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ATPM 16.12
December 2010


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by Mark Tennent,

Sophosticated Follower of Invasion

The question is, do we care if we pass on Windows viruses and Trojans? After all, before we installed the new Sophos Anti-Virus, we didn’t know that much of our junk mail arrives with Trojans attached. ClamXav and iAntiVirus had sat like Bhuddists contemplating their digital navels as the Trojans slipped past.

That is the problem for British firm Sophos plc, which offers Mac users a dependable tool at a great price, i.e., free. iAntiVirus and ClamXav are also free. ClamXav is the work of another Brit: Mark Allan, who asks for donations. Mark has been making the Mac version of ClamAV for years, based on the open-source anti-virus toolkit for Unix and Windows.

We use Sophos for Windows at work, largely because it has multi-layered access points for users and administrators. Which, in effect, means “them” in IT can keep their jobs by justifying they are needed to make sure the company server is updated with the latest virus definitions.

In reality it means machines bog down as they try to access the servers at the same time as every other computer in the company. Sophos doesn’t seem to work 100%, either, or why would a lot of individual computers suddenly announce they have the lurgi or some type of virus infection?

After installing Sophos on a Mac, which has always had an anti-virus installed, Sophos found a handful of Trojans. Admittedly, they were all archived e-mail attachments, which Apple’s Mail had correctly identified as junk mail. The previous anti-virus packages had been ClamXav and iAntivirus. ClamXav had never been completely stable, scanned very slowly and had been replaced with iAntiVirus, which didn’t like running under 64-bit Mac OS X. The upshot of this is that Sophos will stay on the Mac for long-term testing.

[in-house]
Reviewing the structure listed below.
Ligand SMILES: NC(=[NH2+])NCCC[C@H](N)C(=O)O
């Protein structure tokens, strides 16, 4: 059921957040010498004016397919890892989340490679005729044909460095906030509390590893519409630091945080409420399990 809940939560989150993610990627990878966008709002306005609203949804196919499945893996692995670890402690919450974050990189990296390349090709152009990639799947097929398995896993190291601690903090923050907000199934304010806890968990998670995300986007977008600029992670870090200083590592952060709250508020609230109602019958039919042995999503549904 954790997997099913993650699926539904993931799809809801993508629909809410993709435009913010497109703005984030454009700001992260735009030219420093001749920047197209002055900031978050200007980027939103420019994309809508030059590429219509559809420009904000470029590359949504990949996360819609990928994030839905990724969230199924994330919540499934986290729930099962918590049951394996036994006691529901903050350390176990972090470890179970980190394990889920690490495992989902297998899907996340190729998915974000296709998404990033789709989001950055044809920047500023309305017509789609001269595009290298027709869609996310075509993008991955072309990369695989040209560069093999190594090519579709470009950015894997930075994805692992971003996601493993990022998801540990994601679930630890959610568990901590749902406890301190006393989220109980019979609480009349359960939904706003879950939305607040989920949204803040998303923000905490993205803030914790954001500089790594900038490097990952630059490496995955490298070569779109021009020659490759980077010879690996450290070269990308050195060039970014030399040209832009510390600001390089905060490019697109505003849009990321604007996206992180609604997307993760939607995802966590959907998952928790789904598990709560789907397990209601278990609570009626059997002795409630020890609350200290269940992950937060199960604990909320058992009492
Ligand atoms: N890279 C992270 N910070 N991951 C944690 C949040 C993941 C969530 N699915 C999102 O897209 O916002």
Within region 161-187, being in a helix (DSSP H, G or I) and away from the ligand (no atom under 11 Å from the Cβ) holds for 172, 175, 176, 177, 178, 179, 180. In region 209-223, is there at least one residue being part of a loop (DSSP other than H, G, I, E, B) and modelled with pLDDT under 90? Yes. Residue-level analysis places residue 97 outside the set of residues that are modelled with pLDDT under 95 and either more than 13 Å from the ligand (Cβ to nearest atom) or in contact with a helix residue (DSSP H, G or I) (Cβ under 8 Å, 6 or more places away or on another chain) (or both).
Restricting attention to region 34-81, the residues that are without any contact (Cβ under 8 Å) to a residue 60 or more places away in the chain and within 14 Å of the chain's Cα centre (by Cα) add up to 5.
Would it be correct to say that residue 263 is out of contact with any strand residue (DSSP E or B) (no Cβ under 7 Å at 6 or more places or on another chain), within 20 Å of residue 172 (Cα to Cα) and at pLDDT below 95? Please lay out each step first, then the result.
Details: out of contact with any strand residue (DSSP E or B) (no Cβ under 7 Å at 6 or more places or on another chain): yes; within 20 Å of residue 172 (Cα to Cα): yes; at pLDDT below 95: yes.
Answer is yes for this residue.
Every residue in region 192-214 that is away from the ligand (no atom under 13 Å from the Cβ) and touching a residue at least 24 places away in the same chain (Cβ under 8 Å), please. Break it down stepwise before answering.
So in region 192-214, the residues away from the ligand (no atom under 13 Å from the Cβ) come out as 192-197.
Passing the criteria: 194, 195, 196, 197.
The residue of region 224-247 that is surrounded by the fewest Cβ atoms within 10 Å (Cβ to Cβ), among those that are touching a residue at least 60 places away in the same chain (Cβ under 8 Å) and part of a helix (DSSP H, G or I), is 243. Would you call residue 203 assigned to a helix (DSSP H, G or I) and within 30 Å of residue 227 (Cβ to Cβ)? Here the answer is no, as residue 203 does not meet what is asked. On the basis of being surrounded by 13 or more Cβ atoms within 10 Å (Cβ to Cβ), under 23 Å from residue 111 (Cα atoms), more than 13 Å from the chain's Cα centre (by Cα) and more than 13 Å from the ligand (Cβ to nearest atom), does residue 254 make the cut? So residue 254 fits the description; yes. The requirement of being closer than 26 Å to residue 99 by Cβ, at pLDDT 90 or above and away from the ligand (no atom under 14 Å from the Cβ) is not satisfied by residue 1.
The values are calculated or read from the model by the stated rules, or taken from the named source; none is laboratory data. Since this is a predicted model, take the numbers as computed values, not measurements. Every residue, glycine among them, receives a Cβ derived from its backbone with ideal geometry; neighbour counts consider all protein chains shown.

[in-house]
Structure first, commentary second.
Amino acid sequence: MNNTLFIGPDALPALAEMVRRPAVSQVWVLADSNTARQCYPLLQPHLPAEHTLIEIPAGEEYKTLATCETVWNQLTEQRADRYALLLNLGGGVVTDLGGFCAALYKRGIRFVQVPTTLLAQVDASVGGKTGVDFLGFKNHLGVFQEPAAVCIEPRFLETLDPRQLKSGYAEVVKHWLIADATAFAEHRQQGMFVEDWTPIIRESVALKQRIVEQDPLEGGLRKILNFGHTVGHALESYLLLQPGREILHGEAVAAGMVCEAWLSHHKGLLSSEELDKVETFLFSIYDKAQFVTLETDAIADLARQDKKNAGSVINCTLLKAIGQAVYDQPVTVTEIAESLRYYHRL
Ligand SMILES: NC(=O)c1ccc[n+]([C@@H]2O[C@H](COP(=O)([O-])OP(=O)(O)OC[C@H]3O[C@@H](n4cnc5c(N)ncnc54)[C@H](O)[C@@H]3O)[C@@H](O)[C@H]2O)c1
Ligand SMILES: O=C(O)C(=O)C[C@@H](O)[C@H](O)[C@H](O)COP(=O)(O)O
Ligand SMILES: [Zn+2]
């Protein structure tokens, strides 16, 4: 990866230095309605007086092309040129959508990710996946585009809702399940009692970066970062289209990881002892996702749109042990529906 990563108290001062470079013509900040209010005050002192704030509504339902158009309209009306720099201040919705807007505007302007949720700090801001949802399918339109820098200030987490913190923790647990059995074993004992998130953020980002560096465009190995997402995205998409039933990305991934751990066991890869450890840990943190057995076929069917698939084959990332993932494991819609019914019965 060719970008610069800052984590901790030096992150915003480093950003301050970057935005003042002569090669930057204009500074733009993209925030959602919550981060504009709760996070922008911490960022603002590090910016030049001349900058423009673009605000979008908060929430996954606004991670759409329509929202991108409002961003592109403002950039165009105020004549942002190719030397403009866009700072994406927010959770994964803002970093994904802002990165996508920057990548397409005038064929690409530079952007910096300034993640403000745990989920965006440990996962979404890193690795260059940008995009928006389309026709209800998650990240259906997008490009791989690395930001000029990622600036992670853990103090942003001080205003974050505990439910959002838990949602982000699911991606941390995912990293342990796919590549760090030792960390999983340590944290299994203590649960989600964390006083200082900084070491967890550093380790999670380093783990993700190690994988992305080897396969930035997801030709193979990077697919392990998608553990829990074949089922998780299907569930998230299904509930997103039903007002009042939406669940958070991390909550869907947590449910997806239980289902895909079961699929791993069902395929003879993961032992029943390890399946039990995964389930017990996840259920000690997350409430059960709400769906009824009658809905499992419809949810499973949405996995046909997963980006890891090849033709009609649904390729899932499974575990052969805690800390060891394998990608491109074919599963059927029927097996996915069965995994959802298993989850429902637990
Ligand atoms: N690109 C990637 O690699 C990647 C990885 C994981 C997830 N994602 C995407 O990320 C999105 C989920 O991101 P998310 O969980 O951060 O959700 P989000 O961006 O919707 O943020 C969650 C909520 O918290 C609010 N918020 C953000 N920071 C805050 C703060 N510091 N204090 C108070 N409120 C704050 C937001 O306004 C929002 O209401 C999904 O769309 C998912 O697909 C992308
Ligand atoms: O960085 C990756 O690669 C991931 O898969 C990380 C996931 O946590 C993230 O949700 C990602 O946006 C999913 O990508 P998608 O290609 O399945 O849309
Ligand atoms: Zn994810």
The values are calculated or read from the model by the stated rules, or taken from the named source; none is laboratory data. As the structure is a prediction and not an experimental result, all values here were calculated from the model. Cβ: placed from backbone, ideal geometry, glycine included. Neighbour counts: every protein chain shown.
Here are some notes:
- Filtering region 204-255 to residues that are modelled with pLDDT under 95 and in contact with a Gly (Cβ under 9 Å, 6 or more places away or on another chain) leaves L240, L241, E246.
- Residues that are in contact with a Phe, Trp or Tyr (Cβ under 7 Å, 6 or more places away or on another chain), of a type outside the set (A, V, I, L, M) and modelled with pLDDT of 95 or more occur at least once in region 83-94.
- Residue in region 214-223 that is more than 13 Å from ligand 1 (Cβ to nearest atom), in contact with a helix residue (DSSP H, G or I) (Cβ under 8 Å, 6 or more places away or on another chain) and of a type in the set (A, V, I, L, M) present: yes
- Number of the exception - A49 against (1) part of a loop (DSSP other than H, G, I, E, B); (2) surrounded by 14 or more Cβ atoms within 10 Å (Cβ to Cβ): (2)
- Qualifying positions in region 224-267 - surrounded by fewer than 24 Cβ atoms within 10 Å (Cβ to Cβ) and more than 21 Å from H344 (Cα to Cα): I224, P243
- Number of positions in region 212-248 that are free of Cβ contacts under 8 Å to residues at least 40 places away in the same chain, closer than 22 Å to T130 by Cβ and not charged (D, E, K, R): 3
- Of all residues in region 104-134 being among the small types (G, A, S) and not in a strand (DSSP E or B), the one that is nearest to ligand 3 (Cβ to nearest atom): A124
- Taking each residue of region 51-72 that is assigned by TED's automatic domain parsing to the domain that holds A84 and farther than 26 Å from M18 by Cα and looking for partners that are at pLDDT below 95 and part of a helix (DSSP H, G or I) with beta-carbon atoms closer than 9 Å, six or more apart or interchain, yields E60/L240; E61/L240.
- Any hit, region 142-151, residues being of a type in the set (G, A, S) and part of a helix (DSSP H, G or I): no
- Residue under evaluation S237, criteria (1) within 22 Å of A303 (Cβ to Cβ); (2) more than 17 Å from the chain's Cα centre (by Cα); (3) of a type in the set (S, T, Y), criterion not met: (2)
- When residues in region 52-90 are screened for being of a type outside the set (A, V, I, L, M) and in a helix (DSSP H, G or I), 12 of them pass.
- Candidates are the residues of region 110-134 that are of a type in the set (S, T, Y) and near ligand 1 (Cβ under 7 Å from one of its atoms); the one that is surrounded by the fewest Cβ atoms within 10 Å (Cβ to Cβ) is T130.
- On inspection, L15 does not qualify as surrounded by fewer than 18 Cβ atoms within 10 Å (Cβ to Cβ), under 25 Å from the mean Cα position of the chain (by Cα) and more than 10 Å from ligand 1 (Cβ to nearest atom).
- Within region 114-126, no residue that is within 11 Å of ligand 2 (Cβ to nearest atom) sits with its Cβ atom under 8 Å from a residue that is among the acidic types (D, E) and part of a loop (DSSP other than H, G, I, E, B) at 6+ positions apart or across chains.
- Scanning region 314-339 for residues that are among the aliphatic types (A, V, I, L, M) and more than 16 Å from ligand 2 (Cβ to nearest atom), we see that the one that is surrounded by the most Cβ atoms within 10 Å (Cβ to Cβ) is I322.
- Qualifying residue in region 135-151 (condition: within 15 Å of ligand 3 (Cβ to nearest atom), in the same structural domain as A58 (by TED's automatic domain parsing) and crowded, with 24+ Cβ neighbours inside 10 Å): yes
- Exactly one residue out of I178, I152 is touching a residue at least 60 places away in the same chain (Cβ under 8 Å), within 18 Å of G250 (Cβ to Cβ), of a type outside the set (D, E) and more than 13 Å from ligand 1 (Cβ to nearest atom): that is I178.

The initial scanning of four internal hard disks, totaling 250 TB, took 36 hours. Since then, Sophos is invisible unless an infected file is downloaded or clicked on. Once a threat has been detected, Sophos can delete it, move it to a quarantine folder, or attempt to clean it up.

If files are in a Time Machine archive, Sophos cannot touch them. They have to be found and deleted manually. Path names are lengthy (too long to display in Sophos’s Quarantine Manager) and have to be searched for in the Sophos log via Console. They can then be navigated to and deleted in Time Machine using its toolbar utility. It would be much easier if clicking on the infected file listed in the Quarantine Manager opened the file’s enclosing folder. Once deleted, the filenames automatically clear from the Quarantine Manager list.

There are a few other slightly annoying glitches—for example, windows and sheets open up in awkward and unmovable positions—but in daily use Sophos is easy to use.

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